Washington Examiner: Supreme Court Gears Up to Hear Second Partisan Gerrymandering Case


The fight over partisan gerrymandering will be before the Supreme Court again next week with a case that could potentially affect future elections at the state and federal levels.

The justices will gather Wednesday to hear oral arguments in a challenge to the boundaries drawn by Maryland Democrats in 2011 for the state’s 6th Congressional District, which the plaintiffs in the case argued was a partisan gerrymander that violated their First Amendment rights.

The approaching argument marks the second time this term the Supreme Court will hear a case that deals with partisan gerrymandering, the practice of redrawing district boundaries in a manner that benefits one political party over another.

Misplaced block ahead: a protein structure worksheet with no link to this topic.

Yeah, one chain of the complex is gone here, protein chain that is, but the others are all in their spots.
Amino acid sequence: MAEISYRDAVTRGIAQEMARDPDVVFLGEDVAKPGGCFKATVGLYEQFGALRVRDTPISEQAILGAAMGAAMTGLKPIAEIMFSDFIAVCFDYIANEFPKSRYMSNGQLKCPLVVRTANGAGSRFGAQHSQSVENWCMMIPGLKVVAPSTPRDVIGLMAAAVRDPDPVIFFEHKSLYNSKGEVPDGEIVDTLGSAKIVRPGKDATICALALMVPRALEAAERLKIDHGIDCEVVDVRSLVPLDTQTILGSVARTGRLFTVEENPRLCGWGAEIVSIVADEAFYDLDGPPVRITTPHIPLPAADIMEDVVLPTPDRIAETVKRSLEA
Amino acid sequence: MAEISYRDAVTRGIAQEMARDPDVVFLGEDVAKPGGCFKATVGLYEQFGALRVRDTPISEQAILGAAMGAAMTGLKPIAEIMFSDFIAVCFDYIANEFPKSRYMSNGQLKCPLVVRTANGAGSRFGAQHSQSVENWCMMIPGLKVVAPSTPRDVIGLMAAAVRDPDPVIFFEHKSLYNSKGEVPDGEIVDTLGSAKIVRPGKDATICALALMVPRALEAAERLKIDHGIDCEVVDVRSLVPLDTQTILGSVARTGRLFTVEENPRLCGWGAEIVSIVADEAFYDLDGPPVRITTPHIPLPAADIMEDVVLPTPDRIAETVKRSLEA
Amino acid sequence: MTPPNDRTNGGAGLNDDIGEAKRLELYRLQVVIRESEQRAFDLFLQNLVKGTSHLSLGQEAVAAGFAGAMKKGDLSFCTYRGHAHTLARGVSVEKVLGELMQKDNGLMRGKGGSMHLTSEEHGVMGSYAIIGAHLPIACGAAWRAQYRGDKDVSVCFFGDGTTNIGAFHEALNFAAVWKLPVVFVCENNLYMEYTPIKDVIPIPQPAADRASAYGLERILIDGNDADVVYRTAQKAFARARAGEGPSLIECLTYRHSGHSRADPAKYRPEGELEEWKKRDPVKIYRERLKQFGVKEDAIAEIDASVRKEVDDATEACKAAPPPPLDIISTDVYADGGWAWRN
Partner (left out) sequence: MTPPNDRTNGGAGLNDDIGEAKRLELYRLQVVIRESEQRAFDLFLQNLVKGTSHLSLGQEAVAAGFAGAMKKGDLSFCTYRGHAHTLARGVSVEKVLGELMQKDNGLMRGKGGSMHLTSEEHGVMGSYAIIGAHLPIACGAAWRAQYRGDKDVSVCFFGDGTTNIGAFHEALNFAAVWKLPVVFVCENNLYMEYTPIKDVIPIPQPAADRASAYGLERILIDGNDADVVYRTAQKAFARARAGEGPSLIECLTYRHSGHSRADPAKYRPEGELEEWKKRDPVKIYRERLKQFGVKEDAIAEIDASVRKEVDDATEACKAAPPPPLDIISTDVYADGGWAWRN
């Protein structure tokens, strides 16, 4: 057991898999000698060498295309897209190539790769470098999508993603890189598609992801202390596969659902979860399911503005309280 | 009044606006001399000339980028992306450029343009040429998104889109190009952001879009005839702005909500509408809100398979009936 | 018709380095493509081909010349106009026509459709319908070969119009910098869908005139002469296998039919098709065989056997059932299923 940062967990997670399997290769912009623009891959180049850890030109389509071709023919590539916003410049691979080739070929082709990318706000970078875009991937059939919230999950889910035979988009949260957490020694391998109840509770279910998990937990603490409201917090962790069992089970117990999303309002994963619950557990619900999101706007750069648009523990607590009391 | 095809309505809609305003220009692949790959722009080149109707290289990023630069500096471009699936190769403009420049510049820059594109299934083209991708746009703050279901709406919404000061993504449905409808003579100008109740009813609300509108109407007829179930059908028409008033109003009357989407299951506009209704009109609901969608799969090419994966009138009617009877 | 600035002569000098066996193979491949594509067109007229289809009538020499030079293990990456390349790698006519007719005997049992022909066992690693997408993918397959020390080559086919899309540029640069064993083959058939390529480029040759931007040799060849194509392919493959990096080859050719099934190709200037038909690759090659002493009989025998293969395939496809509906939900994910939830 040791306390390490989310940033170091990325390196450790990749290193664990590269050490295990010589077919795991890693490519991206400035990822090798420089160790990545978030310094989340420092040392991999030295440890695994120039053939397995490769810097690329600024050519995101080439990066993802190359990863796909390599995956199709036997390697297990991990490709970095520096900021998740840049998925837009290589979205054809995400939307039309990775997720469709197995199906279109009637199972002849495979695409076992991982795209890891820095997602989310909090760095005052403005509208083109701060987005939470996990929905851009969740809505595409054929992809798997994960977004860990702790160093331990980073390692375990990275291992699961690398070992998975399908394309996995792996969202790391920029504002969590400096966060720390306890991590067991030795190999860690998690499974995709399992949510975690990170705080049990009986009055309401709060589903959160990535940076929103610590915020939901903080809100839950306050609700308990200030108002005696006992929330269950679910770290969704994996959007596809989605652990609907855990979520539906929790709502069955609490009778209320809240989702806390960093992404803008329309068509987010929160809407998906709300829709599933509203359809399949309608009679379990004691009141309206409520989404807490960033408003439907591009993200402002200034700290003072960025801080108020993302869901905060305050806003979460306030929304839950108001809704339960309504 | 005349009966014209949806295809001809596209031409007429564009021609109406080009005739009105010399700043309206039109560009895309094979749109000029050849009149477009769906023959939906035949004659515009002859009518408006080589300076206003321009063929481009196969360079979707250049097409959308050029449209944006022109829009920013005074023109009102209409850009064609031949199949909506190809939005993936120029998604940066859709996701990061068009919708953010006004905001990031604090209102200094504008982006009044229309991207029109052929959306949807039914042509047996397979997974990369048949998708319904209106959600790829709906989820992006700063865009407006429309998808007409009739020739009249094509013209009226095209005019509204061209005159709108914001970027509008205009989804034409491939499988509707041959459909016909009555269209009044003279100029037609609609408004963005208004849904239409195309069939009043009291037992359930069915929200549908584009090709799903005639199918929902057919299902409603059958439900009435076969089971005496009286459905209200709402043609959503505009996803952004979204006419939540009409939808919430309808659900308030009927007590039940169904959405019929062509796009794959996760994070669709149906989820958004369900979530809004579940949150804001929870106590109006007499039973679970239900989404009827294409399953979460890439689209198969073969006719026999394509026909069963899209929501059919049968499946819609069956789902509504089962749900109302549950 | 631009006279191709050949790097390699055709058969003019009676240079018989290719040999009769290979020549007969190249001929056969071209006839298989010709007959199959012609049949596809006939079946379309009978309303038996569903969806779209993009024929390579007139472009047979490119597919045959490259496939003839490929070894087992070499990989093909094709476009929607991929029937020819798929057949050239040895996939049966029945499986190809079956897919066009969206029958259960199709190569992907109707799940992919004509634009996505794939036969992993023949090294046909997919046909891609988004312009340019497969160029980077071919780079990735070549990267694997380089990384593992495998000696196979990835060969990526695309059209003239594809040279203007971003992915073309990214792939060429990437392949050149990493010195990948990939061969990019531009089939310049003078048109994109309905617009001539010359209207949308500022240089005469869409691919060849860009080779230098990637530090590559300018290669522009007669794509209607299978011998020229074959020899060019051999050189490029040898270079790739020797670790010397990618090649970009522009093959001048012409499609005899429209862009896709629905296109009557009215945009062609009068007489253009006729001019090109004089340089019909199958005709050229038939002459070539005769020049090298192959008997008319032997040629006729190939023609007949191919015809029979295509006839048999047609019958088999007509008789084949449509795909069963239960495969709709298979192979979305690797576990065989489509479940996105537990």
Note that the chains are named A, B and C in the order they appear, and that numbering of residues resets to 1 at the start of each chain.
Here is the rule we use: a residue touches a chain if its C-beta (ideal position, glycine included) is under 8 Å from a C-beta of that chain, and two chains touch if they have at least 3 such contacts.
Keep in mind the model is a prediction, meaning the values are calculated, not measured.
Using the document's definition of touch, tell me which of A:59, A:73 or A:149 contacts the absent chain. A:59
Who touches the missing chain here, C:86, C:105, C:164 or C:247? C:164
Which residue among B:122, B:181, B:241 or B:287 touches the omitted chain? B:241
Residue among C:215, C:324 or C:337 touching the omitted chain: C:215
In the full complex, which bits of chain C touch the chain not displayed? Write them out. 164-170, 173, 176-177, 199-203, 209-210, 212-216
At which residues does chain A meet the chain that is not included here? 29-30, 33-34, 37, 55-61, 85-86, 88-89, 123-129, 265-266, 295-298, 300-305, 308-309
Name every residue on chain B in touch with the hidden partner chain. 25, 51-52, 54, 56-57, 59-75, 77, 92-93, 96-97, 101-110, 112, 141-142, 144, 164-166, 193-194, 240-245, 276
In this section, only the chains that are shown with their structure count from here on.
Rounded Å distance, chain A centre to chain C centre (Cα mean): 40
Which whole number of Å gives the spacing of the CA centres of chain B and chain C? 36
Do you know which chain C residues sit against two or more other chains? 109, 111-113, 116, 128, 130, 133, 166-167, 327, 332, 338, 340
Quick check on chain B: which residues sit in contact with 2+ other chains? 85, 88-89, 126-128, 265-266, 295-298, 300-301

If the Supreme Court devises a workable standard for addressing partisan gerrymandering and deems either of the maps in the Wisconsin or Maryland cases unconstitutional, Ruth Greenwood, senior legal counsel at the Campaign Legal Center, said it could have a significant impact on future elections.

“Hopefully the [redistricting] plans that get passed are actually fair,” she said during an event highlighting a tool that can identity partisan gerrymanders Friday. “Hopefully it encourages people to be better actors and create plans that are actually fair, and by fair, I mean fair to the voters.”

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